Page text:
Zoe Duck Univeristy of Reading During infection, the bubonic plague bacterium covers itself in a protein that activates the immune system- my job is to work out how the protein gets out of the cell


Andrew McKinley University of St Andrews Light is all around us, but we can now use it to pick up and move microscopic cells, to control them, and even to perform surgery – without even touching them!
Ben Still Queen Mary, University of London I am a Neutrino Particle Physicist; I use the very smallest building blocks of Nature to answer the Universes biggest questions.
Beth Dyson University of Manchester Trying to stop plants getting sunburnt!
Heather McKee University of Birmingham Psychology of weight loss, motivation and goals
Louisa Chard Queen Mary, University of London designing genetically engineered viruses to treat cancer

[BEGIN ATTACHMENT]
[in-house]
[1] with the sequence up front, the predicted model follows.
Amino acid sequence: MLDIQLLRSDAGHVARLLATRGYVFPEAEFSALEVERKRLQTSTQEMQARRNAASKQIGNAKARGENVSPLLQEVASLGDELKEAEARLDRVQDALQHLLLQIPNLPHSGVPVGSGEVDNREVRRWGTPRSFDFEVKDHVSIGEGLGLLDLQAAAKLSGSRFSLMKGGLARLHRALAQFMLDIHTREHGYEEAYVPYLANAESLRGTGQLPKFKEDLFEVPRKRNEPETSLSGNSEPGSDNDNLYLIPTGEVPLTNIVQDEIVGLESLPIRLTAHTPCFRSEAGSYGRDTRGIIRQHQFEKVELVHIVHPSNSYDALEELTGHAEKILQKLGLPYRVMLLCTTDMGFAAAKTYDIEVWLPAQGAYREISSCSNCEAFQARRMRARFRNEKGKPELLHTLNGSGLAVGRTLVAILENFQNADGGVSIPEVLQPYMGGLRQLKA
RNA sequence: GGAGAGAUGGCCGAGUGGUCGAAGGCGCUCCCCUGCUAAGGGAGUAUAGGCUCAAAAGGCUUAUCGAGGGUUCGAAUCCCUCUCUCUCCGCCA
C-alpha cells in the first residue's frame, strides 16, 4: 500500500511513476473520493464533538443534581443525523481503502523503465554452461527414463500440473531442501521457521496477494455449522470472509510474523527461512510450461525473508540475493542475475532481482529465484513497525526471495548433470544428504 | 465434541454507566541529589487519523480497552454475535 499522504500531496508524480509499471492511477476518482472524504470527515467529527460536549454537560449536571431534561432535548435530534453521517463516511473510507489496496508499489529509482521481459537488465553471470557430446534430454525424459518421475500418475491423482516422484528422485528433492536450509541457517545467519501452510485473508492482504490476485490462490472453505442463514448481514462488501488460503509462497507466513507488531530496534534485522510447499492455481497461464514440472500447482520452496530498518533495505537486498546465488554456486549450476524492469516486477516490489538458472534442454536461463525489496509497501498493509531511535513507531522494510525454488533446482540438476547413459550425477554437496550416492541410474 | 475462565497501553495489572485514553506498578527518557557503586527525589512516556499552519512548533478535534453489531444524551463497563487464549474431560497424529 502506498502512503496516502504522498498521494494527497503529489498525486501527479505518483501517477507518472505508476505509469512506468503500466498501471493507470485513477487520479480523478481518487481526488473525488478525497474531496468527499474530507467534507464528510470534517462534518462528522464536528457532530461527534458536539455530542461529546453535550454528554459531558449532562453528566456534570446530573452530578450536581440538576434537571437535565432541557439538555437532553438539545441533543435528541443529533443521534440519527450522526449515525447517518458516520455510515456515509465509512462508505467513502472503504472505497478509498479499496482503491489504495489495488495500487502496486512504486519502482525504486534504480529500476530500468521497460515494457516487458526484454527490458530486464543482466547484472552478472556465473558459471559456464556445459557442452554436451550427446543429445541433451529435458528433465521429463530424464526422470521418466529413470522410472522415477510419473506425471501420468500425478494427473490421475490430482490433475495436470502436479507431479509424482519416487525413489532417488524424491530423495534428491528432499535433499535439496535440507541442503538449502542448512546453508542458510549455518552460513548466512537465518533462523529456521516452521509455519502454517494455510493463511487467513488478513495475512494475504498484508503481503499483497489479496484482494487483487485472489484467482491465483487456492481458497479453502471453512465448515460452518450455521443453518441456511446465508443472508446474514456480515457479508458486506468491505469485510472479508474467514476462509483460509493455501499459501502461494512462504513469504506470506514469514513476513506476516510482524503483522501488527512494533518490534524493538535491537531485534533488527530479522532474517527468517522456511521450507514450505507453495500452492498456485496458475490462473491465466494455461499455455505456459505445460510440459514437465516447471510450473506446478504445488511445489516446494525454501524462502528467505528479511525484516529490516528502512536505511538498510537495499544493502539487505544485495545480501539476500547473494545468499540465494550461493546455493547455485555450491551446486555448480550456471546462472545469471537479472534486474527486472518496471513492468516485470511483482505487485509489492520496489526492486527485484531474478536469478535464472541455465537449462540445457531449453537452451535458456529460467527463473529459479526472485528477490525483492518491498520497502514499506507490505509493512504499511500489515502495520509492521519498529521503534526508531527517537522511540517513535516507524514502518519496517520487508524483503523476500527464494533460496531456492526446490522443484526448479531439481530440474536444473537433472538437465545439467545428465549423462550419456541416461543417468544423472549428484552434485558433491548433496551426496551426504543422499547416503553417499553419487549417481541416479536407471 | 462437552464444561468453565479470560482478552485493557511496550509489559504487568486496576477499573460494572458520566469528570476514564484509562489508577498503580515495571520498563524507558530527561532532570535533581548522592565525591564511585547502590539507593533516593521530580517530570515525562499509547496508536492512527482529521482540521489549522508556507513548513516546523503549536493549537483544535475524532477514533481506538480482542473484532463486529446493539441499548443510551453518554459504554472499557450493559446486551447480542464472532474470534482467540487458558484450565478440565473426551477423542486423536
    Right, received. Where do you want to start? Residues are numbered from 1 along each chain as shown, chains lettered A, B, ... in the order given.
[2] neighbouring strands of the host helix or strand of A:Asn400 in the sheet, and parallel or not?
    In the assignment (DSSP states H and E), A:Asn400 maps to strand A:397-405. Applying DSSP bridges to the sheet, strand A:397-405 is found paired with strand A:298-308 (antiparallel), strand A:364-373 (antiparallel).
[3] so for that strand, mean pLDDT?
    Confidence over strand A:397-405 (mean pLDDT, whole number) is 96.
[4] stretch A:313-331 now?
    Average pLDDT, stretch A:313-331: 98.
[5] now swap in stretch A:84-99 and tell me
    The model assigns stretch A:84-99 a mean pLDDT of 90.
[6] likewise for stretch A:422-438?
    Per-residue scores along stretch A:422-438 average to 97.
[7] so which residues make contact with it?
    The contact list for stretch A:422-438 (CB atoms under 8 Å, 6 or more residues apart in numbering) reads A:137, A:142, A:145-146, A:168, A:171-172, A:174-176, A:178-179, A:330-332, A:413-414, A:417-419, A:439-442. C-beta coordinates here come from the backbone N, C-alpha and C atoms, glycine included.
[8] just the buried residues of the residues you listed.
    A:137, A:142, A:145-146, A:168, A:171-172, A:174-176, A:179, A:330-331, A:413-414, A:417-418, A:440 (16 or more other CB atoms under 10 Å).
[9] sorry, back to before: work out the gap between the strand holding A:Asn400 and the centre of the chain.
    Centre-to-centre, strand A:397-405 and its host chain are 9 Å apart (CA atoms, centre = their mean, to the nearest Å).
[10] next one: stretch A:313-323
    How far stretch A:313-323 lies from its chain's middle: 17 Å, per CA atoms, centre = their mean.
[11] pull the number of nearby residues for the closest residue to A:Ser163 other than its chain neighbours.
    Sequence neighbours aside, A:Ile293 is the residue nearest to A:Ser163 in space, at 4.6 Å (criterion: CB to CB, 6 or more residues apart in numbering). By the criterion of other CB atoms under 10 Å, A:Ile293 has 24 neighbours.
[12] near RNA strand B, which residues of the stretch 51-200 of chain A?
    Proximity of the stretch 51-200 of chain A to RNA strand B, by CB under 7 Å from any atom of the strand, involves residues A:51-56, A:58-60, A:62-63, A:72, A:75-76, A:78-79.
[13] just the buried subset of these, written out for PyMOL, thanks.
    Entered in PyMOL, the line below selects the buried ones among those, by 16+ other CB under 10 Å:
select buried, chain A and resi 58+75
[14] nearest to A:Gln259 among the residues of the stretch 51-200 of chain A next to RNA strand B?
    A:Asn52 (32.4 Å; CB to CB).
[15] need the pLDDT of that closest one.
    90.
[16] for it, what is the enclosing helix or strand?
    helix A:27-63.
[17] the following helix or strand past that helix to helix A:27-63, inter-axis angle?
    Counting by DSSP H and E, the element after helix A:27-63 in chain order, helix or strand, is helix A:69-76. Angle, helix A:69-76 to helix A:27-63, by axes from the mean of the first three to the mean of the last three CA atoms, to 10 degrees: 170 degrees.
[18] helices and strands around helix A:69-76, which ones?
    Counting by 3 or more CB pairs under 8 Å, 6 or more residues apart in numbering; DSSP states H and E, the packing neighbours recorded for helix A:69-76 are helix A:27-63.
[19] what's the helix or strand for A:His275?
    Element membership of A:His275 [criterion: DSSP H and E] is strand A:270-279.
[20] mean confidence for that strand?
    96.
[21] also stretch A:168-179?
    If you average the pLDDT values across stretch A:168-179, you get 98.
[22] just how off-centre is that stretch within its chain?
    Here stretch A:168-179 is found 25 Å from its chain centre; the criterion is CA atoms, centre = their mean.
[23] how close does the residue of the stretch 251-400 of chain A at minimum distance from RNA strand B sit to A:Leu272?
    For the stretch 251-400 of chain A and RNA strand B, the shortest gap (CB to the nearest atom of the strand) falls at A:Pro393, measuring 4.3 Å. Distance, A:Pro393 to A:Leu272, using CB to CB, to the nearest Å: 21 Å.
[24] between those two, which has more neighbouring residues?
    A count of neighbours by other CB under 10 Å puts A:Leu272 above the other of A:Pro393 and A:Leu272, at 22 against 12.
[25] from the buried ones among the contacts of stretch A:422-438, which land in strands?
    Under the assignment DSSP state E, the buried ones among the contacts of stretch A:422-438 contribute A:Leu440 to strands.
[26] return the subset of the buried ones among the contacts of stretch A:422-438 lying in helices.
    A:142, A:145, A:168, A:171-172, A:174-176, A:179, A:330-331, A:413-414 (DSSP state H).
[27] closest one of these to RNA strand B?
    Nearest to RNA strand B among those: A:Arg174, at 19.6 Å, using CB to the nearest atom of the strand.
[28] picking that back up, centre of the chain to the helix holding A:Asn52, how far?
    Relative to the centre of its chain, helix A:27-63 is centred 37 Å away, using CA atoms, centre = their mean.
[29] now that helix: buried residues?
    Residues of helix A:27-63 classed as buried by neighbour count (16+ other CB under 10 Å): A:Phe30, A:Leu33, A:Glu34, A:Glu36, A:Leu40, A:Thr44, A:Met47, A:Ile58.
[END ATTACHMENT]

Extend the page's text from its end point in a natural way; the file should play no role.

Alexandra Kamins University of Cambridge Fruit bats in West Africa can carry diseases that affect people, and we’ve discovered that people hunt and eat the bats; just who’s at risk and of what, exactly?
Dean Whittaker University of Bath I use neutron scattering to work out where atoms are and how they’re jiggling about in disordered materials.
Jessica Housden EADS Astrium Ltd I design spacecraft the look at climate change
Luisa Ostertag University of Aberdeen I am trying to find out how eating specific foods (for example dark chocolate) can influence your risk for getting cardiovascular disease (like stroke or heart attacks).
Sian Foch-Gatrell University of Dundee Population composition and abundance, identification efficiency and the genetic structure of great white sharks

Aluminium Zone